face from.”

  • Pingback: 人工智能与人类的未来 | Doream

  • CB

    Thanks for this article, Tim. Great read.
    In conjunction with the Fermi Paradox, this makes the “we already live in a simulation”-situation much more likely, imo.
    But that doesn’t really matter for our question at this time: Go AI or Don’t Go?
    The profit could be fundamental, as you stated But the worst case scenario…. And all because of human stupidity/naivity/greed.
    Have them scientists ever been questioned how much chance they see that the first ASI is programmed by
    A) a team/individual that is doing it for the benevolence of “earth” (friendly AI)
    B) a team/individual that is doing it for the malevolence of “earth” (unfriendly AI)
    C) a team/individual who are/is not knowing what they/him/she are/is doing (just an AI)

    • CB

      Wel,, hm, I guess there is no Don’t Go after thinking it through by myself.
      Eventually someone WILL do it. Military/Economy/Private sector; probably in that order.
      Again, my question stands: A, B, or C.

  • 7th Guest

    Dunno if Turry will do that: Turry’s goal is to write notes in order to learn to mimic human handwriting as best as she can, with her arm-like appendage. Even if she eventually replicates a sample ink atom by atom, astoundingly by just moving her appendage, this won’t be the perfection yet. There are endless ways to handwrite, and humans never write a word in the same exact way. So she needs samples, so she would like to keep some captive humans at least. But since every human is slightly different, this would quickly lead her to realize that: more the humans, more the samples, better the improvement. Are we safe? Nope. Maybe she would rather over-breed humanity instead and implant chips into everyone, forcing humanity to write samples for her. LOL

  • 7th Guest

    Let’s say humans are an AGI. So far this AGI is NOT showing to be able to design an AI better than itself… and not even one that matches its own level… and not even really a lower intelligence.
    Yeah, at most it can design a dumb thing, but very fast at doing something. Take Chess AIs for example: they mostly cheek all the possible moves and subsequent moves, which sound like brute force rather to be efficient and smart. Doing so, given their speed, they may still beat humans anyway, but that’s not so smart. Actually it’s amazing that the human brain, not designed for chess, can withstand for a while this brute force dedicated beast. Indeed if you put this kind of AI into a more complex game (let’s say Civilization) the AI has to cheat in order to not be too easy beaten by an (expert) human player.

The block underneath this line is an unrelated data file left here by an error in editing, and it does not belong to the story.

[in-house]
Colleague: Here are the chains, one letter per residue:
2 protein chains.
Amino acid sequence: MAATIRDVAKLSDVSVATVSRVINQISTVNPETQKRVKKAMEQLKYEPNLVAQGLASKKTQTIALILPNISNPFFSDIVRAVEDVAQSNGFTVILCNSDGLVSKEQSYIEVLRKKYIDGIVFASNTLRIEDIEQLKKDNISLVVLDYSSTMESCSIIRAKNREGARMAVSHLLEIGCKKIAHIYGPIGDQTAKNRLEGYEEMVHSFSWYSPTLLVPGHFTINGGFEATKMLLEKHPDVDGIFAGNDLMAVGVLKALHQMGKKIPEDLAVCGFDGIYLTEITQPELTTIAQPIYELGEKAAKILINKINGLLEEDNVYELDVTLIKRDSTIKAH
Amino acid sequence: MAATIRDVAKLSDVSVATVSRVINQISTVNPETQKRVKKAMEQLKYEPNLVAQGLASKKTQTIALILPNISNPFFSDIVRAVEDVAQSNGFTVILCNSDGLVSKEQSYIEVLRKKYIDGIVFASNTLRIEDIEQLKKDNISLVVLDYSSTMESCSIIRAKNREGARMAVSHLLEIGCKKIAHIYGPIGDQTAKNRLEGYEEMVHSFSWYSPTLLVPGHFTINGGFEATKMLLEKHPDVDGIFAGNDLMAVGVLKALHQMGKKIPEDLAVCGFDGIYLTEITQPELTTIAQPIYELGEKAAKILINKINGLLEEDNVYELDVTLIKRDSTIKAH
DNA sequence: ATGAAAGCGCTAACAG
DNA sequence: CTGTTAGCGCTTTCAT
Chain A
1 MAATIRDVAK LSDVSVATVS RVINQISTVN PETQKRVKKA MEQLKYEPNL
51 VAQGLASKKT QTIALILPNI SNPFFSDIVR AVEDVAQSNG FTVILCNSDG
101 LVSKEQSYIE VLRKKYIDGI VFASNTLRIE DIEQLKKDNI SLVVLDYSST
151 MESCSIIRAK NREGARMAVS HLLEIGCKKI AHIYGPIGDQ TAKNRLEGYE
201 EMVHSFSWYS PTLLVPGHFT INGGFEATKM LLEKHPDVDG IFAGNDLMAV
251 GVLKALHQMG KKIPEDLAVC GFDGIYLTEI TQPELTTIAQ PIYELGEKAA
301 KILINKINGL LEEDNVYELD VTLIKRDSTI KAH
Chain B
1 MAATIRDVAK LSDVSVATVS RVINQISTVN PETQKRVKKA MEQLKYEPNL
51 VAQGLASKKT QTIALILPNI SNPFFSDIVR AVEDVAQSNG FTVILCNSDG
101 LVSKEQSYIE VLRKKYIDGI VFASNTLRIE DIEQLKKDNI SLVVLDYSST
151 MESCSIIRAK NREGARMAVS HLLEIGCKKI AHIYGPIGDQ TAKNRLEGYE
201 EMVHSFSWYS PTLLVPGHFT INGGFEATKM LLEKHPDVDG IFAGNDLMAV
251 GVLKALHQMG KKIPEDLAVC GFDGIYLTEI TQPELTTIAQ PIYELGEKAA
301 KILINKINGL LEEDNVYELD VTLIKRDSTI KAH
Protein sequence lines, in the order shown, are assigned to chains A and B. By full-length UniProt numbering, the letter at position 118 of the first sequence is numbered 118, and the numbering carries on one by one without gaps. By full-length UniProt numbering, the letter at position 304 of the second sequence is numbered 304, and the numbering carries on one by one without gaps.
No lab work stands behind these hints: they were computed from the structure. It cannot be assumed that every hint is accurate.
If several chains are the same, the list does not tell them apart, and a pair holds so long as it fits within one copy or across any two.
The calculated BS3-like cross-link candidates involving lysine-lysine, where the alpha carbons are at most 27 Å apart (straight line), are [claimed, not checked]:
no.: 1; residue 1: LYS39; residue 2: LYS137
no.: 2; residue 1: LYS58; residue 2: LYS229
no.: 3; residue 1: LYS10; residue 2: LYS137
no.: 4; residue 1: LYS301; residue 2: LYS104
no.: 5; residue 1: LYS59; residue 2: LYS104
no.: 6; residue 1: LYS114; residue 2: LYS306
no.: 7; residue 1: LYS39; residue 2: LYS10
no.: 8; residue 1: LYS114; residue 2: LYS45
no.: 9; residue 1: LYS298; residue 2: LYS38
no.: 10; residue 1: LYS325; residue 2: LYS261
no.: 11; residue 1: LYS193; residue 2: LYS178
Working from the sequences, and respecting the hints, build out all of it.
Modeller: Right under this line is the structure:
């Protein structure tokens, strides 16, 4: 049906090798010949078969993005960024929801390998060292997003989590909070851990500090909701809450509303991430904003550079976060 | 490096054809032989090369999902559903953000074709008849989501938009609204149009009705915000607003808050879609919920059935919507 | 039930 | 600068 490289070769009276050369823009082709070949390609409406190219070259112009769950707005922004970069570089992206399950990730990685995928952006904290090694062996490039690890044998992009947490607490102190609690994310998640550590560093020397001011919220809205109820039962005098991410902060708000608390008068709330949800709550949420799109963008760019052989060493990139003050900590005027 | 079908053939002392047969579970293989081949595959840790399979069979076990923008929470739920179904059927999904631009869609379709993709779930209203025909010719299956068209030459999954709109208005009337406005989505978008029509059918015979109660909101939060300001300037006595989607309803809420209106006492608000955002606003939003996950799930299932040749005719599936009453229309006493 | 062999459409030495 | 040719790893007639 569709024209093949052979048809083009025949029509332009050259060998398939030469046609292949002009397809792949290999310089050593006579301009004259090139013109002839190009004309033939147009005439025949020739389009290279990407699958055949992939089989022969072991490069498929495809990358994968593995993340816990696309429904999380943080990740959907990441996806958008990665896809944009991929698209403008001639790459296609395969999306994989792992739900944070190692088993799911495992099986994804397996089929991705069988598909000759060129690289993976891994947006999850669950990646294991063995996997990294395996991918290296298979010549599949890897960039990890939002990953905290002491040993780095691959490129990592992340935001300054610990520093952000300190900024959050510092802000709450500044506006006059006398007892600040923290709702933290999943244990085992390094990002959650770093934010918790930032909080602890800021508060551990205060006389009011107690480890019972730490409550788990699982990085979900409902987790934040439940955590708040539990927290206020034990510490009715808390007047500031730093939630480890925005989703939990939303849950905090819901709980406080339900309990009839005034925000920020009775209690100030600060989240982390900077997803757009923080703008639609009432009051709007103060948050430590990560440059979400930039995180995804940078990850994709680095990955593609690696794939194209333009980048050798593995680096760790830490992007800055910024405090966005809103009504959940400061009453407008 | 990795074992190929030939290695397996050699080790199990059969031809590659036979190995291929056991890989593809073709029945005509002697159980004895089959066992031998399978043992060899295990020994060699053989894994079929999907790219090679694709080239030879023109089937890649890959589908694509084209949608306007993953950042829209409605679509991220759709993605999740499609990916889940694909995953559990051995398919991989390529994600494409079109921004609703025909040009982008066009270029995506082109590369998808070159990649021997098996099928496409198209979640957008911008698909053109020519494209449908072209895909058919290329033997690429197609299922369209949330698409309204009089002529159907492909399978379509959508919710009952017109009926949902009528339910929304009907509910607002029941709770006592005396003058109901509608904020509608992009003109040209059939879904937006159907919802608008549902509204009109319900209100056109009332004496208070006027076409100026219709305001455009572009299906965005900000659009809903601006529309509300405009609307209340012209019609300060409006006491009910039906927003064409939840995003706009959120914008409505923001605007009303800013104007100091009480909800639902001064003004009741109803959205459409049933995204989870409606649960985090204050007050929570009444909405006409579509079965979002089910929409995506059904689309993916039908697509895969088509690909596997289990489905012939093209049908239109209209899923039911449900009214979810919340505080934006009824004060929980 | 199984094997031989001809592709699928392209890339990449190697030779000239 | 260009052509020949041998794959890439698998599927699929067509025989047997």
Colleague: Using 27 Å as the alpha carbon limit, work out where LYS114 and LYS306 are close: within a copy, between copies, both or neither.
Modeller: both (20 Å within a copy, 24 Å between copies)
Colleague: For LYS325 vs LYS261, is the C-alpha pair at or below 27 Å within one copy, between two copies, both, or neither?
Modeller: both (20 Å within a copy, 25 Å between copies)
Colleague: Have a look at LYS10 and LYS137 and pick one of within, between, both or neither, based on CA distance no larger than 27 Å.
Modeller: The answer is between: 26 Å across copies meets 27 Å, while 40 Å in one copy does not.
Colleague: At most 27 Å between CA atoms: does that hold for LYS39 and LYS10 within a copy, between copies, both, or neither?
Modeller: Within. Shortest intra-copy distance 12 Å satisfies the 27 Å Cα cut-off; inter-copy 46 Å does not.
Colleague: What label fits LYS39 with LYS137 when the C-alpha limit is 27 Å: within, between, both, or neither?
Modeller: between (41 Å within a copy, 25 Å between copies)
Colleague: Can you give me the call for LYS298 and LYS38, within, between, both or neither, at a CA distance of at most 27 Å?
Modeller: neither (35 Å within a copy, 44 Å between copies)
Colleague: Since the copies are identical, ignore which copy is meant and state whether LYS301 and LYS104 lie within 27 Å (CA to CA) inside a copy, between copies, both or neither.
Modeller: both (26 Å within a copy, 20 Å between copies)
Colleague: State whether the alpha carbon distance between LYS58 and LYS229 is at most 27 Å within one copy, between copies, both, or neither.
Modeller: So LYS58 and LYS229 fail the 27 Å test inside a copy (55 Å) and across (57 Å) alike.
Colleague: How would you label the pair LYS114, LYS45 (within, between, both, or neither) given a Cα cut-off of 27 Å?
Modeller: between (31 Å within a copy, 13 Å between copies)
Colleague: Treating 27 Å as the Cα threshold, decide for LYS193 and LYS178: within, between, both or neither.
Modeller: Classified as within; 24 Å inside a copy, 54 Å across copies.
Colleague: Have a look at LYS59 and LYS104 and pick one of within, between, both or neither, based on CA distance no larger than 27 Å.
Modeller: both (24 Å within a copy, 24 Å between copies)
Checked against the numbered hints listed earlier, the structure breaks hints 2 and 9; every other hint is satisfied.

Indeed, by following the article, the only few ways this AGI can produce something more intelligent than itself are:
    – plagiarizing itself: it would just produce an AGI focused mostly on haircuts, porn-watching and sharing hoaxes on social networks. Jokes aside, this is an uncreative step and the AGI doesn’t really know how to make an AGI: it just makes a replica of itself and can’t go beyond that. Essentially, now you got an human brain again, maybe faster, but again unable to develop a strong AI by itself.
    – plagiarizing evolution: now this AGI gives up on designing an ASI. Instead it just seeds the basis of the evolutionary paths and hopes something as smart as itself, and possibly better, comes out by itself… maybe… and in a very long time. It hopes evolution will do what this AGI can’t.
    – building something dumb, but capable to improve its own project, code and hardware architecture by some mean, hoping that eventually this system creates that smart AI that humans are incapable to design. Well this AI capable of improving its own intelligence would be already more skilled than an human…
    Or not?
    Humans can conceive less procedural AIs, by looking at themselves, such as expert systems, inference engines, neural networks and so on. Indeed, to improve a project in an intelligent way (and not in a dumb or brute force way as the aboves), you have to know and to study how it works first. Do we know it? Humans have a good idea how a neuron and it synapses work, but they still don’t know how exactly the whole system works and how exactly it runs the mind. If they know it fully, maybe they could start from their own brain as base, knowing how it exactly works, and then study a smart way to improve it. This would likely be the AGI going ASI.

  • Matt

    Regarding the Turry story, I am not prepared to concede that the AI would continue on with its original programmed goal. The AI is supposed to be able to modify its own programming, right? What happens when it says,”must I devote all of my energies to such a trivial task? If not this, then what should I choose as my new goal?”

  • Vineet

    Another brilliant post, Tim. Been a fan of the site for over a year now. Your ability to write in an informative and entertaining way is remarkable. Loved how you ended this post. Whether we get it right or blow it, ASI truly will be the last thing we’ll invent. I hope we get it right, because the very thought of not dying has me excited like a little boy! OK, back to my tunnel now. See y’all in 2060, suckers!

  • rkind1025

    Living forever! What a noble pursuit! Can’t wait!